fails to identify when Government does feel it appropriate to
intervene with public money. In contrast, the National Assembly
for Wales clearly identifies the circumstances when it will contribute
to the funding of port related infrastructure projects (over and
above the Freight Facilities Grant)where this will improve
integration of transport modes [2.2.18].
5. The RSPB believes that whilst Government
"interference" in the ports industry is inappropriate,
greater involvement is both justifiable and necessary particularly
where strategic environmental objectives (such as avoiding damage
to a site or reducing CO2 emissions) may be met.
Forecasts of both demand for and likely supply
of port facilities are possible and should be carried out by Government
to inform a strategic planning framework for the ports industry
6. Taking a stronger lead and providing
a strategic planning framework for ports in order to achieve wider
sustainability objectives requires a clear understanding of the
supply of port facilities and demand for them. The need for a
clear picture of trends and the potential need for port development
is identified by the White Paper [2.4.10]. However, the Paper
goes on to say that Government does not make or endorse forecasts
of port traffic as it does for roads and airports [2.4.16]. It
argues that it is not easy to measure port capacity and whether
it will meet expected growth in demand [2.4.1] not least because
there are no models to estimate changes in the distribution of
cargo and passengers using ports as a result of infrastructure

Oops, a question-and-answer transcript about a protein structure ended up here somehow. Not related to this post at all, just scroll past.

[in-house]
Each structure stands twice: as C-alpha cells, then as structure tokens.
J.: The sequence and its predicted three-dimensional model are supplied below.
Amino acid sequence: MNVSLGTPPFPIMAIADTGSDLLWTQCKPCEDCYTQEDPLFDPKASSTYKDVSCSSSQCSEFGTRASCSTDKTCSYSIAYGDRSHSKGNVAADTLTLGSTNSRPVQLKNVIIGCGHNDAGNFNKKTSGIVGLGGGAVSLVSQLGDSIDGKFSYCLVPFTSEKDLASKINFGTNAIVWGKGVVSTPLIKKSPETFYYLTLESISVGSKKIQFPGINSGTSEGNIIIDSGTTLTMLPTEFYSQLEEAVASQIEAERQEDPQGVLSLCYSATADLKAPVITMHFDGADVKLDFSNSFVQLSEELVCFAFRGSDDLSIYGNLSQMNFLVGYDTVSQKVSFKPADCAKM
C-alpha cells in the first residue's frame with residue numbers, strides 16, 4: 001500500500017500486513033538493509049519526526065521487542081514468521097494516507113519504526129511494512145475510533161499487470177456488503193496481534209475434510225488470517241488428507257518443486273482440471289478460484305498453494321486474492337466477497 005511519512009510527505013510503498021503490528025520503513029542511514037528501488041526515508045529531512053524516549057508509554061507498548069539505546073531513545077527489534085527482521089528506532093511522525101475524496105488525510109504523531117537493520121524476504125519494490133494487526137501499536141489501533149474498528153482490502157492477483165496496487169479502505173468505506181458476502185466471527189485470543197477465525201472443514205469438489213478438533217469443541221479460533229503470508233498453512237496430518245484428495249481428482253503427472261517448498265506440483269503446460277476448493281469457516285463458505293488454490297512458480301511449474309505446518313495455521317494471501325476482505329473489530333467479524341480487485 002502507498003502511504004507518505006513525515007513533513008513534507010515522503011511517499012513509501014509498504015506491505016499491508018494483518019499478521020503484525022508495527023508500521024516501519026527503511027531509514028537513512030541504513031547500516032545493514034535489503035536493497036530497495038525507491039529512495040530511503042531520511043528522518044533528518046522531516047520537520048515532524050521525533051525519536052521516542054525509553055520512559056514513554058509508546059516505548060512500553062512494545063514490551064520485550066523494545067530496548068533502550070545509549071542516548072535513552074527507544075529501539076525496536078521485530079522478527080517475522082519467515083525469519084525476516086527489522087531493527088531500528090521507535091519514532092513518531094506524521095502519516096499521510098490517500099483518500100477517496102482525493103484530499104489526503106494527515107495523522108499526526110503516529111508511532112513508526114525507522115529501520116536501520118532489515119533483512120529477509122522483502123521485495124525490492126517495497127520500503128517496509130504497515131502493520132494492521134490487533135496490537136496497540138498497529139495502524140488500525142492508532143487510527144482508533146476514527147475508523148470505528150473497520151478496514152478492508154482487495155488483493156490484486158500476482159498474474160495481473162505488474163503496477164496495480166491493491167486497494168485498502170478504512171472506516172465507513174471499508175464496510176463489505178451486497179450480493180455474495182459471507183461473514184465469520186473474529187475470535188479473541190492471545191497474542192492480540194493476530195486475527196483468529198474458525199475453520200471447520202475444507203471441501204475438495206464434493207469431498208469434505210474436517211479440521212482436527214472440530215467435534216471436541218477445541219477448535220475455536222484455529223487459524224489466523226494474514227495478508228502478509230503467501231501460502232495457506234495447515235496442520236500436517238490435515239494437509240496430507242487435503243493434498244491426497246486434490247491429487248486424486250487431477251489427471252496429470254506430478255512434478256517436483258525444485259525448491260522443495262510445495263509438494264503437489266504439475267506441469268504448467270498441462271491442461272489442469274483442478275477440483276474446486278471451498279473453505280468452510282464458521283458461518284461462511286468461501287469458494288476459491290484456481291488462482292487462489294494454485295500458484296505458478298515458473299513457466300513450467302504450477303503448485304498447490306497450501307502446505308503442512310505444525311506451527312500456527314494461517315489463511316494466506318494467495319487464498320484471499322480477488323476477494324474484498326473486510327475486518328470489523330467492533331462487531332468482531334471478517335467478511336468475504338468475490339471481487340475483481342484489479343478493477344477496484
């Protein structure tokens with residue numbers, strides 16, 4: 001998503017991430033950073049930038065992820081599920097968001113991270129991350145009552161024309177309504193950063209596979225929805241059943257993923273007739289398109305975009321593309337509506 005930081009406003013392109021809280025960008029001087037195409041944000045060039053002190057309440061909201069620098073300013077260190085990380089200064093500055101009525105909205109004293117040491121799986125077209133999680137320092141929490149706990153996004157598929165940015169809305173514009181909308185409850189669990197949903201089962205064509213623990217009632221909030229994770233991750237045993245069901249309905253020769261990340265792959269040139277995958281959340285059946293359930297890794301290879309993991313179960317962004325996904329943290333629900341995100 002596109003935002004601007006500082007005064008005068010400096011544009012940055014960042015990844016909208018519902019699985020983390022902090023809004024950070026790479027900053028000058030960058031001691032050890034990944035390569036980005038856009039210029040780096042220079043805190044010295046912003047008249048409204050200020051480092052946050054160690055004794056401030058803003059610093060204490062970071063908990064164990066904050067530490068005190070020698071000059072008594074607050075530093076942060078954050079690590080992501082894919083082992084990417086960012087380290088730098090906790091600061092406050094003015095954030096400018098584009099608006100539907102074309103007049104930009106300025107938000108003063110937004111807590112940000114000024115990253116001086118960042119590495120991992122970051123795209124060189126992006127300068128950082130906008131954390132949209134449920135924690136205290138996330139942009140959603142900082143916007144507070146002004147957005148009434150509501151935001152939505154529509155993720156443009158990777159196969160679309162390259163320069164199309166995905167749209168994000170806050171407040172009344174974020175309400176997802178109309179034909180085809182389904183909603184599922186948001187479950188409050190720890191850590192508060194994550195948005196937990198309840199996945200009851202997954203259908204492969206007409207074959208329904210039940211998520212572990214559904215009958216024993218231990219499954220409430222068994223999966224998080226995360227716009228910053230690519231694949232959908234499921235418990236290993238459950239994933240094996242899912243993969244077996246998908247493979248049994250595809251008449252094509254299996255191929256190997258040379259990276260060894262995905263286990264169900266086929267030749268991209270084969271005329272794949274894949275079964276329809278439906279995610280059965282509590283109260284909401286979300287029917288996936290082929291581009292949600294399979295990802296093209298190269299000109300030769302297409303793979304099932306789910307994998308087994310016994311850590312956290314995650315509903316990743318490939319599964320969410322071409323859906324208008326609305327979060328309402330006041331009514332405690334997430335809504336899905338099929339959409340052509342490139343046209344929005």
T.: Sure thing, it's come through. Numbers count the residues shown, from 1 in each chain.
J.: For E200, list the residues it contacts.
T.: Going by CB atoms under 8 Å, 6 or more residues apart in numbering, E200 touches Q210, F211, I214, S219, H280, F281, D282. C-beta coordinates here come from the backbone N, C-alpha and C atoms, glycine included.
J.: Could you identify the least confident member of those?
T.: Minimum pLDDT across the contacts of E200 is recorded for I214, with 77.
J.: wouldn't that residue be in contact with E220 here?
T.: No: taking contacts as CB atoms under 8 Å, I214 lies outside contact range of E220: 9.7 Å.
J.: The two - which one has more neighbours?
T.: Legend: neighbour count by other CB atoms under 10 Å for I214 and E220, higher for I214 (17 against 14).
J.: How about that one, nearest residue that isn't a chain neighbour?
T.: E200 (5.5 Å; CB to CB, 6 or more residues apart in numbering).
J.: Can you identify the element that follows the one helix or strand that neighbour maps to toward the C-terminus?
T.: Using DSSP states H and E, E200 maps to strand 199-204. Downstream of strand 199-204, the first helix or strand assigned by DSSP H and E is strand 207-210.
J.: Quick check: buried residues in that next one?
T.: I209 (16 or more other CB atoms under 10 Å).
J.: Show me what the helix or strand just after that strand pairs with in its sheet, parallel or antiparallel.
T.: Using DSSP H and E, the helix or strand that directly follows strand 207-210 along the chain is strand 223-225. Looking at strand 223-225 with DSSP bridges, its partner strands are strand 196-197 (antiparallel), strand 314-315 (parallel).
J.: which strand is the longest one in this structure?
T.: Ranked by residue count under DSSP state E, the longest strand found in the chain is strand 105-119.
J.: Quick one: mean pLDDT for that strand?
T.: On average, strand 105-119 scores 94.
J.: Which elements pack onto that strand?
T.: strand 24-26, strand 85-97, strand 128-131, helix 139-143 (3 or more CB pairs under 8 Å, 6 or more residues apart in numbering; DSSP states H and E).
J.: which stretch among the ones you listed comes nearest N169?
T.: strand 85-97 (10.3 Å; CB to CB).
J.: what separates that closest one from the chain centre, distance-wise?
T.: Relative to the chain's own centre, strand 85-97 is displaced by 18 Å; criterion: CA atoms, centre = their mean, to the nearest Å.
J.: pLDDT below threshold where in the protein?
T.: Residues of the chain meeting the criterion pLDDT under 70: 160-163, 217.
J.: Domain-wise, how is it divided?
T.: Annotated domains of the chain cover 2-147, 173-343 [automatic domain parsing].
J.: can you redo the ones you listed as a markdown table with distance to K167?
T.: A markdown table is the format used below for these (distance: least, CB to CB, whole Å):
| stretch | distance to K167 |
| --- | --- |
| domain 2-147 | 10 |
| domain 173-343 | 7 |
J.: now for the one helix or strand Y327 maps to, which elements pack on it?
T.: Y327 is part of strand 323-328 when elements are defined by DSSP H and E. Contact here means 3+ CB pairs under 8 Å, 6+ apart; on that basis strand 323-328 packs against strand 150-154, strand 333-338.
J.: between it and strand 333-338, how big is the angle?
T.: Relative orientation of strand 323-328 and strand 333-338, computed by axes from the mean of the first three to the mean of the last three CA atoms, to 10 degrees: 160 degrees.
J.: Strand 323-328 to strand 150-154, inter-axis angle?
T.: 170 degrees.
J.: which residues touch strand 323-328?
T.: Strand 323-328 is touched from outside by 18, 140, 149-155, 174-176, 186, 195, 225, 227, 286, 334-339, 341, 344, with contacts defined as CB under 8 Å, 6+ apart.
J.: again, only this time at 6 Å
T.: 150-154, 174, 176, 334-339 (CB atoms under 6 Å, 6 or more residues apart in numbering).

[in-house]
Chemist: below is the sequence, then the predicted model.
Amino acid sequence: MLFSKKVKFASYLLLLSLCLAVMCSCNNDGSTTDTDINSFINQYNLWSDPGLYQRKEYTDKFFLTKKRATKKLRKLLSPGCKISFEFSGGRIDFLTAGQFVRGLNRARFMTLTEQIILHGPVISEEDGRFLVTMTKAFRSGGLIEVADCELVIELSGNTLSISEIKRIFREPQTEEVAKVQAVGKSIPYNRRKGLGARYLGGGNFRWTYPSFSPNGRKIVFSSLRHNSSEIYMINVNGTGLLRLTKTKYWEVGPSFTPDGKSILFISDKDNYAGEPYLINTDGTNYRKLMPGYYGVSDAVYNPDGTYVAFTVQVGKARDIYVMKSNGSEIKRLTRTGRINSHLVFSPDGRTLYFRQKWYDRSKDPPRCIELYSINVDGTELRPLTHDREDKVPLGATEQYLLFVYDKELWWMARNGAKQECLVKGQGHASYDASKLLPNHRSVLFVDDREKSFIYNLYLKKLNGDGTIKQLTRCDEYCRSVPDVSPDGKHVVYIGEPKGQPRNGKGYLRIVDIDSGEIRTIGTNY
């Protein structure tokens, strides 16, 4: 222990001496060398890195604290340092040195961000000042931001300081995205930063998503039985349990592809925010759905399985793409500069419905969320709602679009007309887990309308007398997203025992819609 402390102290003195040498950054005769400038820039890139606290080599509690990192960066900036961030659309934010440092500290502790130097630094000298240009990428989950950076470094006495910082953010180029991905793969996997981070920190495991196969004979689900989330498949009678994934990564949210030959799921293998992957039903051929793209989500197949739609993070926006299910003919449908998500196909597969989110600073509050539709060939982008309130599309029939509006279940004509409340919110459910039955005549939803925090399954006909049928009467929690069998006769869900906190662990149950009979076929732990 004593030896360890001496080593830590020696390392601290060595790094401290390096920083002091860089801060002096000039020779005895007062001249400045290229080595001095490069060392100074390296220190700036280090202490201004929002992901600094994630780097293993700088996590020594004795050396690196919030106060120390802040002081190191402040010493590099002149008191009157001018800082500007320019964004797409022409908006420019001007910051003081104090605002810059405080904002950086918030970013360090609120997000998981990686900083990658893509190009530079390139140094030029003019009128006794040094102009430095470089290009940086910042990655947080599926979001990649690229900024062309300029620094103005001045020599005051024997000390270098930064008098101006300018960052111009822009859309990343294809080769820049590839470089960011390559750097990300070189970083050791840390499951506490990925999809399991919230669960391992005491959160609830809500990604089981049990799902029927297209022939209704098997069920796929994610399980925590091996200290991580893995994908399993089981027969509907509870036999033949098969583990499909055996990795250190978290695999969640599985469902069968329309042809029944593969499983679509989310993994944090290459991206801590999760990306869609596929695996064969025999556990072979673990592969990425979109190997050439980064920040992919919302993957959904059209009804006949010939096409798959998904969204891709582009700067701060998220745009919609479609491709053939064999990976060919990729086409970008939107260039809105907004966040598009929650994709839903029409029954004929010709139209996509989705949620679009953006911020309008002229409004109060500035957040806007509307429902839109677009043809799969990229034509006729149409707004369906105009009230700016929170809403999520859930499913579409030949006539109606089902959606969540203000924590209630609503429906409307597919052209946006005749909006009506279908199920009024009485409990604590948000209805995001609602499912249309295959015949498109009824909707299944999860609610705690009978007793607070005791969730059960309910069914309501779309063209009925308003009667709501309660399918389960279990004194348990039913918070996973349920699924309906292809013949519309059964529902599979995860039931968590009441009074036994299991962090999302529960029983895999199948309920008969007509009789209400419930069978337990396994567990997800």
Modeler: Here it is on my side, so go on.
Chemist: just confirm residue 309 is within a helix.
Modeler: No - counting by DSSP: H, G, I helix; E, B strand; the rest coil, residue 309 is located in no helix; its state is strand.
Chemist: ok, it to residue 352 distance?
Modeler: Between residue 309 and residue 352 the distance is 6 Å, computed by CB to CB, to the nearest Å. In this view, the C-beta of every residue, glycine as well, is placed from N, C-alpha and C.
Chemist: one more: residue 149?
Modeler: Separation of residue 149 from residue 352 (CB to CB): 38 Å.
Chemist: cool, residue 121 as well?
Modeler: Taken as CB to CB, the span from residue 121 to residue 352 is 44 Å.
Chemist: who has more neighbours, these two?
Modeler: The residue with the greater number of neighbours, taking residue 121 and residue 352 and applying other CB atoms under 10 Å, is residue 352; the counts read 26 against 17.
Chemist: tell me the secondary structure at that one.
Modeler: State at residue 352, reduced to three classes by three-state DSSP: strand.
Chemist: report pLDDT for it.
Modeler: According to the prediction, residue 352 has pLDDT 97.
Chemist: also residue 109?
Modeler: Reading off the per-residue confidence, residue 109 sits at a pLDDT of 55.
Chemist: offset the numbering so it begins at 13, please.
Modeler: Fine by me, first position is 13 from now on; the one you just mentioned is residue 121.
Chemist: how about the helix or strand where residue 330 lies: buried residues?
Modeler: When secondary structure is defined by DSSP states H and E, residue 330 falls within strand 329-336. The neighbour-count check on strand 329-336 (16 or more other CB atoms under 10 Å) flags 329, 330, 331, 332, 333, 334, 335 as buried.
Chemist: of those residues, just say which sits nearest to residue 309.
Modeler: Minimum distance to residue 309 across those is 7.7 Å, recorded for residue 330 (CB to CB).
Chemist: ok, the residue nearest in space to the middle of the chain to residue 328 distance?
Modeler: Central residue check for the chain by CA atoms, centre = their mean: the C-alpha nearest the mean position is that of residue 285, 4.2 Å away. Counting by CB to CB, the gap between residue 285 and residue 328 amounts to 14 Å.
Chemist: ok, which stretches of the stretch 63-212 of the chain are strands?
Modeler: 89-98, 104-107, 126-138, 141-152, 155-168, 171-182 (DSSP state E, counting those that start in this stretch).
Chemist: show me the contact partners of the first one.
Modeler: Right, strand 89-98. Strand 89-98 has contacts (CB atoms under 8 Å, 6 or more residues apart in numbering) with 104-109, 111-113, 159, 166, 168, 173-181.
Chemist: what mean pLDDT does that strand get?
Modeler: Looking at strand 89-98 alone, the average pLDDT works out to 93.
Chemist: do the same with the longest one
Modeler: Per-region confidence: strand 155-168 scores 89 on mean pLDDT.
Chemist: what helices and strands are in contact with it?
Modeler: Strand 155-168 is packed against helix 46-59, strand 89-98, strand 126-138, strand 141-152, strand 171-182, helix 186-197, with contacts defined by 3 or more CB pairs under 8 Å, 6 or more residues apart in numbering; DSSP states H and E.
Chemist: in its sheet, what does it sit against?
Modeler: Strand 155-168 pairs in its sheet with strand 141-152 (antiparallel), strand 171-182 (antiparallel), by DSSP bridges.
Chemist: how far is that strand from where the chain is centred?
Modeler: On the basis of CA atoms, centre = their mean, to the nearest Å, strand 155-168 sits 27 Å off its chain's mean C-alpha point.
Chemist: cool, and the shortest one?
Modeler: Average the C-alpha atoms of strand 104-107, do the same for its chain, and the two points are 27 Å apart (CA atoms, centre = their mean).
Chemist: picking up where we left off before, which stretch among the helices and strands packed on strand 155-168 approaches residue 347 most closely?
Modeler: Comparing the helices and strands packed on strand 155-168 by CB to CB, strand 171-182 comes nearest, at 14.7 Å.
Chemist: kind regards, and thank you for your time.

development [2.4.16]. This contrasts with the approach of the
national Assembly of Wales which has carried out "market
analysis" to identify the role of ports and infrastructure
needs [2.2.18] and is keen to work with the Republic of Ireland
to predict and meet future demand [2.2.19].
7. The RSPB believes that the White Paper
attempts to avoid this issue whilst actually acknowledging that
there are indicators of supply and demand. For example, Government
accepts that forecasts point to a prospective shortfall in freight
ferry and container port capacity [2.4.6] and that some ports
will need to increase capacity to meet future demand [2.4.7].
Furthermore, it is difficult to see how, without supply and demand
forecasts, Government can conclude that whilst port traffic growth
will continue to place pressure on road network at key points,
it won't have a significant impact on the network as a whole [2.6.19].
8. There are many examples of port supply
and demand forecasts which have been carried out demonstrating
tested methodologies exist:
Strategic planning by the Port of
London involved an analysis of future growth trends using economic